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Currently | Getting Obsessed with Space

currently march 29 2015

Time and Place | Just after 10 a.m. sitting on my couch. We had friends over last night and ended up hanging out with them until far past my bed time… it’s been a slow morning.

Reading | It’s been a good week of reading! I spent most of the week reading That’s Not English by Erin Moore, a book looking at differences in language and culture in the United States and England. I liked it a lot. After that, I picked up An Astronaut’s Guide to Life on Earth by Col. Chris Hadfield, a memoir by a retired Canadian astronaut who most recently served on the International Space Station. It was also really delightful. At the moment, I’m finishing up a young adult novel, The Walls Around Us by Nova Ren Suma, all about ballerinas and prisoners. It’s a little paranormal and creepy, but also great.

Not Reading | Last week, I mentioned that I started Overwhelmed by Brigid Schulte, but reading it was making me feel anxious. A couple of people asked about that in the comments, so I thought I’d elaborate. One of my “genre kryptonites” is books about time management, especially motherhood and time management. I don’t have kids, but reading about it is one of the ways I’m helping myself think about whether I want kids or not. The first few chapters of Overwhelmed were filled with these rushed stories about mothers running late and working constantly and ferrying kids around that made me want to bury my head in the sand… so I returned it to the library.

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A Day in the Life… of a Community Newspaper Editor

Day-in-the-Life-EventEarlier this month, Trish (Love, Laughter and a Touch of Insanity) invited book bloggers to participate in A Day in the Life, a snapshot of life at the moment tracked throughout a single day. I decided to track my day on Monday, March 23 — a day that ended up being a pretty average, if rather long, day in the life of a small town newspaper editor.

A Day in the Life… of a Community Newspaper Editor

6:00 a.m. | First alarm. Turn off and go back to sleep.

6:30 a.m. | I’m finally awake! I try to get up between 6 and 6:30 a.m. to have some quiet time to myself in the morning to read blogs, eat breakfast and watch television. I’d like to have a more productive morning routine – less social media, more reading or meditating – but I haven’t gotten there yet.

7:45 a.m. | Hop in the shower and start getting ready for work. Watch Book Riot videos while getting dressed. I switched out my closet for spring this weekend, right before Minnesota went back to a cold streak, so I have to dig a little bit for something to wear.

day in the life 1

8:30 a.m. | Out the door! Snow. Ugh.

8:40 a.m. | Arrive at work a little earlier than usual. Learn that the photo I thought I needed to take today is actually next Monday… boo.

9:00-ish | Start digging into my e-mail. I let it slide near the end of last week so I’ve got some catching up to do. Since our newspaper comes out on Saturdays, Monday is often a catch up/plan for the week day.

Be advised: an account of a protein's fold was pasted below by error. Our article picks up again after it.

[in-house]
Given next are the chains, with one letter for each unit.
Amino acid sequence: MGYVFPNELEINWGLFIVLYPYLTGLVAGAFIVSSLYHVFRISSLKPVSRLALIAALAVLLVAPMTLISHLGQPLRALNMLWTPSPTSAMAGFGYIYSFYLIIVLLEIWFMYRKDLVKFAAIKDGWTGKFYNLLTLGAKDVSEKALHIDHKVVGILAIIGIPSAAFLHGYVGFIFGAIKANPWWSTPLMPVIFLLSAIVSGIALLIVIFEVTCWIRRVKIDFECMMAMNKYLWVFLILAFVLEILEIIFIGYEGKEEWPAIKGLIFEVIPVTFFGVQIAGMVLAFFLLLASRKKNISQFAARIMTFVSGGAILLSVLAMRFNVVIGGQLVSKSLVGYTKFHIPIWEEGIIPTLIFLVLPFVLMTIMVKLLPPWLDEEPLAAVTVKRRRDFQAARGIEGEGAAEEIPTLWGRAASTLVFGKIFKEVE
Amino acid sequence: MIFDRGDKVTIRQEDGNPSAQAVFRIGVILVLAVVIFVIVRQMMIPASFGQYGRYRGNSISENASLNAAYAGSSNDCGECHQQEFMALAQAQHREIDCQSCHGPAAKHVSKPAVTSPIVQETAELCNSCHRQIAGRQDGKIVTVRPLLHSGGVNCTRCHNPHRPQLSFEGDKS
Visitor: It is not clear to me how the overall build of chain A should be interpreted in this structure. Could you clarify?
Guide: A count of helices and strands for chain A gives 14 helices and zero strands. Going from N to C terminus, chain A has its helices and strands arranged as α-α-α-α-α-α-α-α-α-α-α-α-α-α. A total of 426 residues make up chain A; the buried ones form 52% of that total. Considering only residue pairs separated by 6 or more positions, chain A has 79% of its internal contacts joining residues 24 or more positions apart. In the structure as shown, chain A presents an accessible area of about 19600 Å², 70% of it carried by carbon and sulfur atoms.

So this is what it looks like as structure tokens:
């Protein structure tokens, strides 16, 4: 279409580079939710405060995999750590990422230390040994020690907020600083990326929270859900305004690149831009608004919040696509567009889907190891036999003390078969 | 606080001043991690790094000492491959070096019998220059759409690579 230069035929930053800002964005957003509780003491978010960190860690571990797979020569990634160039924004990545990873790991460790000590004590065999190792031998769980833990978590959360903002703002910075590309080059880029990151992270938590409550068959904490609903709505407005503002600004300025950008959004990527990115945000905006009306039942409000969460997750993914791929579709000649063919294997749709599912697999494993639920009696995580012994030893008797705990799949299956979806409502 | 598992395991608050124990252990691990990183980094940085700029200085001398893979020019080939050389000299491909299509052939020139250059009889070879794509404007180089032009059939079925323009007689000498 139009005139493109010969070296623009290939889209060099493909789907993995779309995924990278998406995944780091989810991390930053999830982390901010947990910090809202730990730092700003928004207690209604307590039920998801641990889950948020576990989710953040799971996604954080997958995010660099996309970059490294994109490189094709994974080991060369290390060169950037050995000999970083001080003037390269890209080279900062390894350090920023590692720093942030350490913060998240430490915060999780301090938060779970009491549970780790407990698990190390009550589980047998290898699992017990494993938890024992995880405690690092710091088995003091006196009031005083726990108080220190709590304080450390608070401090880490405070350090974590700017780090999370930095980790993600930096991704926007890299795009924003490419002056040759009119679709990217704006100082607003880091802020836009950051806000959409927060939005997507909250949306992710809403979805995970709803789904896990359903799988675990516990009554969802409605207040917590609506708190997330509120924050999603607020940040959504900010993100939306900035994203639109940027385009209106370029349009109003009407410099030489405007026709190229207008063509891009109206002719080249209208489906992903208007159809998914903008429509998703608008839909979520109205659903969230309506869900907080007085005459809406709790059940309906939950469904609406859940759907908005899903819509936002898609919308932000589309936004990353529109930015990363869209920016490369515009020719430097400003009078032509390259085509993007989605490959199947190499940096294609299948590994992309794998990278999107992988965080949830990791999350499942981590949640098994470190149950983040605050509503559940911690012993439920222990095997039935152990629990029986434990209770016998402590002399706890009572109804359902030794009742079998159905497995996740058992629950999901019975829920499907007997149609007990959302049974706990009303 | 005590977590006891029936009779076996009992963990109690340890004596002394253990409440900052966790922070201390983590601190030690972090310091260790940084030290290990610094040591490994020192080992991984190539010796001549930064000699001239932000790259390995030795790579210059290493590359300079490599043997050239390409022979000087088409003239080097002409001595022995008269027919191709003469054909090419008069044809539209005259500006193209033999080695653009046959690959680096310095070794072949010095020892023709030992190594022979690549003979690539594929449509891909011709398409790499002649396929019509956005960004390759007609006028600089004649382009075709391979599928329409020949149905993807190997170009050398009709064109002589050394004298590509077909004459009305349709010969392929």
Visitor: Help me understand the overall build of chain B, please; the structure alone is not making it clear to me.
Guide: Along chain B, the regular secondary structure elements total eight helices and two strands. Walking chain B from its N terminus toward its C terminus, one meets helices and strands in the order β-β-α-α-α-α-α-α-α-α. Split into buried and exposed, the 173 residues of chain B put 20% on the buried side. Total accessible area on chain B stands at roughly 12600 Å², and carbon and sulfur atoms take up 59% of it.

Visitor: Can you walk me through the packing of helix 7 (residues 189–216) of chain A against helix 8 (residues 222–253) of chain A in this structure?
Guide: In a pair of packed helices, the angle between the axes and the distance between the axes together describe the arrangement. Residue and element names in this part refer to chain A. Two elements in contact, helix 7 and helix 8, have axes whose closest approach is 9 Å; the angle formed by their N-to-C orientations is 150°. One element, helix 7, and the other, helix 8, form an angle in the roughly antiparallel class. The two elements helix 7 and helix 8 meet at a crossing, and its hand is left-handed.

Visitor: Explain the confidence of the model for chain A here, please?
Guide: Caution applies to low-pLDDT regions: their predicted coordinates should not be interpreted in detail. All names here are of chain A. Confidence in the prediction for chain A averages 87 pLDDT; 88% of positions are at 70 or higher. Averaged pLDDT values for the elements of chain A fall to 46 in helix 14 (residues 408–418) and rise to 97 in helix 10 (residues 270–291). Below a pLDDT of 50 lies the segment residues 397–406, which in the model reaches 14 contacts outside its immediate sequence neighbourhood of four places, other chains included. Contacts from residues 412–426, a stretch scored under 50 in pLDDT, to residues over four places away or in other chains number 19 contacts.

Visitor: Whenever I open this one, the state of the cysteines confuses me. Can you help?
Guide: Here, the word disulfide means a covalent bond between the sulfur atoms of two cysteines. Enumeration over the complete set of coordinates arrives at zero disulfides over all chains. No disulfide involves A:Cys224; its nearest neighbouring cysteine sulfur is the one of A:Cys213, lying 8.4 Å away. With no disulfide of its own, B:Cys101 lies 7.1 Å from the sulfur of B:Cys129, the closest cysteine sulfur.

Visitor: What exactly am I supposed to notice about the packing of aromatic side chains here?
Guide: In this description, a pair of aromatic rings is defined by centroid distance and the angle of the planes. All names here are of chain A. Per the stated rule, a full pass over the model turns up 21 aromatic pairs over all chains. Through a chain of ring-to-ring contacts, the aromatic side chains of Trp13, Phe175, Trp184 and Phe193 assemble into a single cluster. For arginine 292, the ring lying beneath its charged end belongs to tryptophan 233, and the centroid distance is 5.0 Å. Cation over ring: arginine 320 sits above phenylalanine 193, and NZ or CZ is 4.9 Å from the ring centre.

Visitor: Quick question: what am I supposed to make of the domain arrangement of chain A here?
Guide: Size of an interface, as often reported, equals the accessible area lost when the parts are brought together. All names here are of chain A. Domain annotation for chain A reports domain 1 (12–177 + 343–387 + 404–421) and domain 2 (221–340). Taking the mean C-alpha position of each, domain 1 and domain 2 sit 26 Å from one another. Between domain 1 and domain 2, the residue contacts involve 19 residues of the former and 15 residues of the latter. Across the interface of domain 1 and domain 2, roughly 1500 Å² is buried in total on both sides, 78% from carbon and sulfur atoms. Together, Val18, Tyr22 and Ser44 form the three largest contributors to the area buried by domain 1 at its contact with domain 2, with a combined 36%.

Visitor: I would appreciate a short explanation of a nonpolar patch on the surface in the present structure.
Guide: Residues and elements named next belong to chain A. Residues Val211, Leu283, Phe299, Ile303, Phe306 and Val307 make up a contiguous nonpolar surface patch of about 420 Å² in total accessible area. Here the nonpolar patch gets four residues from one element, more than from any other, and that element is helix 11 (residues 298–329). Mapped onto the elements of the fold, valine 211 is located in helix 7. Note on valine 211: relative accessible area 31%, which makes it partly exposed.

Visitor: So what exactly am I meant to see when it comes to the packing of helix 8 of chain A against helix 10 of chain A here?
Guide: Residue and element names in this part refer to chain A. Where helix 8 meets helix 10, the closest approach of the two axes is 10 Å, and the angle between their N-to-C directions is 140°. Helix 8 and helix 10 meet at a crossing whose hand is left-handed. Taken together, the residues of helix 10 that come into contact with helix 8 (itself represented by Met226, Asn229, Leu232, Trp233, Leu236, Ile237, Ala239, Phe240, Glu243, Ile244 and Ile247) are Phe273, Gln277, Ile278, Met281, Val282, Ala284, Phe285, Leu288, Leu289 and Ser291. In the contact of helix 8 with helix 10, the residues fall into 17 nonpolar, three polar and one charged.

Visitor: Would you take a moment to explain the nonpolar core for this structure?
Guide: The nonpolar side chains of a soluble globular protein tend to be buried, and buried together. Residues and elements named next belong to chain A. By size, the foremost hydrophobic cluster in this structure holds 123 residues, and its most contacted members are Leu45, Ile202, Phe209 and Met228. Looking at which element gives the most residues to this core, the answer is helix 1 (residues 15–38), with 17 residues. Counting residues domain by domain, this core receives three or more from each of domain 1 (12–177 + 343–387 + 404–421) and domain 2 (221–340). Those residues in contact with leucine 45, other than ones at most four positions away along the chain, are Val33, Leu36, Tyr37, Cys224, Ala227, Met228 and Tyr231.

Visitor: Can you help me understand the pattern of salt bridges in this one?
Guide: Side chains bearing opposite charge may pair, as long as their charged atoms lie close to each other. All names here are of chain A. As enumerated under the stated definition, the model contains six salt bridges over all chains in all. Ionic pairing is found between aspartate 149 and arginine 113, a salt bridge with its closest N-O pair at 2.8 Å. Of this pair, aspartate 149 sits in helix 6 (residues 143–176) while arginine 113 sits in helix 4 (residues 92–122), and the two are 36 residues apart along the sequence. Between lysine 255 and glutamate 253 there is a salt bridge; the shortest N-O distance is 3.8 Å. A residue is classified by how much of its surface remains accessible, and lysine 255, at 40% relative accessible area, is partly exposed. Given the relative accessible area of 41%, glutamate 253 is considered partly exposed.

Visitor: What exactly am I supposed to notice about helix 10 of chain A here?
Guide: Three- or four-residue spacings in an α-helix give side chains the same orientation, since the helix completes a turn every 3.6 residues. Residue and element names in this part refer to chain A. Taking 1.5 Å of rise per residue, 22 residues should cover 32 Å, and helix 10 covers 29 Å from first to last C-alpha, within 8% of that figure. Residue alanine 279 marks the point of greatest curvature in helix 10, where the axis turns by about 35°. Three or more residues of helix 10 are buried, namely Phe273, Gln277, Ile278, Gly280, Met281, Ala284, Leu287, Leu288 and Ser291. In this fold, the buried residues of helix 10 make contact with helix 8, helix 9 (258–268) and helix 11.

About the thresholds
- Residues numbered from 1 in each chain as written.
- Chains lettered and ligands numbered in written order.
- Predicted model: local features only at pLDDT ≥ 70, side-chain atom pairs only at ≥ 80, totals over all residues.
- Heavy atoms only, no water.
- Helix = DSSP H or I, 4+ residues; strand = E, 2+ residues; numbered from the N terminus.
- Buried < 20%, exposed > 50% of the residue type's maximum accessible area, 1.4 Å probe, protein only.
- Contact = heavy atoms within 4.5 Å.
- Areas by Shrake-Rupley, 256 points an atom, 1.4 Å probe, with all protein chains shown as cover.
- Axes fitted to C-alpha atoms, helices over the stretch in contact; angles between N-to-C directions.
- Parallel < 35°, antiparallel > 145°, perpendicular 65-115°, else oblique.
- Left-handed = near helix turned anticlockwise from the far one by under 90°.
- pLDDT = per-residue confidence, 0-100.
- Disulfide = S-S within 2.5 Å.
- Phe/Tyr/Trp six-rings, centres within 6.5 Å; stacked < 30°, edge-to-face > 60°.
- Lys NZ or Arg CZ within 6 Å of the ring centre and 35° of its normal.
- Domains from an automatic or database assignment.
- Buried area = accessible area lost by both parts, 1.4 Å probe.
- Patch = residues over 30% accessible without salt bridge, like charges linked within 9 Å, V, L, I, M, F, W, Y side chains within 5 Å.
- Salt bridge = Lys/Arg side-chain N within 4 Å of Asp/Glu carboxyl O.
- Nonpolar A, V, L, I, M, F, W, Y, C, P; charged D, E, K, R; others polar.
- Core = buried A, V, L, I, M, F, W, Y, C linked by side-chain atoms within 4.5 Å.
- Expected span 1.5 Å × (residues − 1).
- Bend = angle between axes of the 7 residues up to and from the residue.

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In My Mailbox: March 2015

I didn’t do a great job tracking books that arrived at my house this month. About midway through I just got tired of writing them down… so I stopped. Instead of a comprehensive list, I’m going to share some titles that were highlighted on a visit I made to the offices of Graywolf Press in Minneapolis, then highlight just a couple of the other books that I know arrived in my mailbox sometime in March.

Graywolf Press Spring Titles

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Graywolf Press is an independent, literary nonprofit publishing company based in Minneapolis. I’ve met members of their publicity staff, Marisa Atkinson and Erin Kottke, at Book Expo America a couple of times, and had a chance to meet Executive Editor Jeff Shotts when he came out to our local college campus for a visit last month. When I e-mailed Jeff to set up a visit while I was in the Twin Cities this month, he was nice enough to oblige me.

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Over the last couple of weeks, I found myself drawn back to some books that I know fall right in the middle of my reading wheelhouse — well-reported nonfiction on quirky subjects. In this case, both The Great Beanie Baby Bubble and The Monopolists use stories about the cutthroat business of toys to explore large questions in history, economics and American culture. I can’t wait to tell you about them both.

The Great Beanie Baby Bubble by Zac Bissonnette

the great beanie baby bubble by zac bissonnetteAs a fifth grader, I was totally obsessed with Beanie Babies. During the height of my mania, my best friend and I staged an elaborate Beanie wedding between two of our Beanie Babies, George the Gorilla and Bessie the Cow, that included tiny cakes, carefully chosen music, and many, many, many Beanie Baby wedding guests.